Johnson & Johnson is looking to acquire global medical device manufacturer Synthes in a deal that, according to various reports, could be worth around $20 billion.
In response to growing media speculation over the last few days Synthes has now confirmed that it is indeed in talks with J&J "about a potential business combination transaction".
But the group declined to provide any further information, saying only that it would not make any more statements until a definitive agreement is reached or discussions have been terminated.
Synthes develops, manufactures and markets instruments, implants and biomaterials for the surgical fixation, correction and regeneration of the human skeleton and its soft tissues, and currently employs nearly 11,500 people worldwide.
The group pulled in sales of $3.7 billion last year, growing 7.5% over 2009, and presents an attractive proposition for J&J, which has been hard hit by a series of product recalls over the last year or so that have put a sizeable dent in its turnover.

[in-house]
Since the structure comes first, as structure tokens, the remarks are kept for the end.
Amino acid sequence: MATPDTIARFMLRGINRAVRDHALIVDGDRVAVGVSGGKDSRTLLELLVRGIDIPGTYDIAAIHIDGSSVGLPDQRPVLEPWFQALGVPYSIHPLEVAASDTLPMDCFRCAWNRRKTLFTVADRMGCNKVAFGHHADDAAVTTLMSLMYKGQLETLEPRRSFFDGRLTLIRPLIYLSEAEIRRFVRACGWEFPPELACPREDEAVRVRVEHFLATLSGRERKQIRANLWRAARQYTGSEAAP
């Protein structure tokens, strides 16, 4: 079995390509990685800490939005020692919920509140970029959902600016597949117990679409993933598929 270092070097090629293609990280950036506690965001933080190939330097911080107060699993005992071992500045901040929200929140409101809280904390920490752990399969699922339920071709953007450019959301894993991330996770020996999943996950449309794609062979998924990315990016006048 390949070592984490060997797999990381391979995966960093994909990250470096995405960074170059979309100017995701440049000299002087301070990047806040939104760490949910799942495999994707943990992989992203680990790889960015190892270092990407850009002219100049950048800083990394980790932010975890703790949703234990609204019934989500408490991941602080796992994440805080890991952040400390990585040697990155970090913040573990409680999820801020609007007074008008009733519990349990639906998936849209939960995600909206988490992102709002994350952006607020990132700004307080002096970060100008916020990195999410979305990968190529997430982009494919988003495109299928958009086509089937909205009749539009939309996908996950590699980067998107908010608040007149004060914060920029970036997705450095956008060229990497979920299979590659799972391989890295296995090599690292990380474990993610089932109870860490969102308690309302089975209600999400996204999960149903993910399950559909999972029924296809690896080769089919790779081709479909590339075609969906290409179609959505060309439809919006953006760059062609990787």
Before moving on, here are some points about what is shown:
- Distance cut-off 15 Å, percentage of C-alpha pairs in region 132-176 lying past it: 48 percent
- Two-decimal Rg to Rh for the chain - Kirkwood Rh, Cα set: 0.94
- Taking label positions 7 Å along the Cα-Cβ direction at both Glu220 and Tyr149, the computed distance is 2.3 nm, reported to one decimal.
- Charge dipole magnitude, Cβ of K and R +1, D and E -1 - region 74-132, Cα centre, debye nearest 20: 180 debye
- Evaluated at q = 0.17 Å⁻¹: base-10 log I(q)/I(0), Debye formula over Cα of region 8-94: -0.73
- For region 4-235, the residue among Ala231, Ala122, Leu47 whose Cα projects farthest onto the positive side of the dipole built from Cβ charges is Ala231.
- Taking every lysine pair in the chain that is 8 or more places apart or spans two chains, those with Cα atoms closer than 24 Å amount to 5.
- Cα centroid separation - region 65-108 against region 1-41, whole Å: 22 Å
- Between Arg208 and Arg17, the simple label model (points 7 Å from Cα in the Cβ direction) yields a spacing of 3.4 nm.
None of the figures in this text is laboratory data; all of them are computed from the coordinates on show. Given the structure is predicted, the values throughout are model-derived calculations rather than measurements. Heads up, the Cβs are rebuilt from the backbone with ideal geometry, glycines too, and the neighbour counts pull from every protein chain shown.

According to Vontobel analyst Carla Baenziger, a deal between the two firms would double J&J's market share in spinal care to 30%, coming second only to MedTronic, and make it king of the US market for trauma with a share of around 57%, media reports note.
While it remains unclear at what stage negotiations are at, the Wall Street Journal has cited a source close to the situation who claims that J&J is "making headway" with due diligence on Synthes' accounts.
Shares in both groups were bumped up on the news, but one group that suffered was UK medical device maker Smith & Nephew, which until now was widely believed to be the primary target of J&J's roving eye.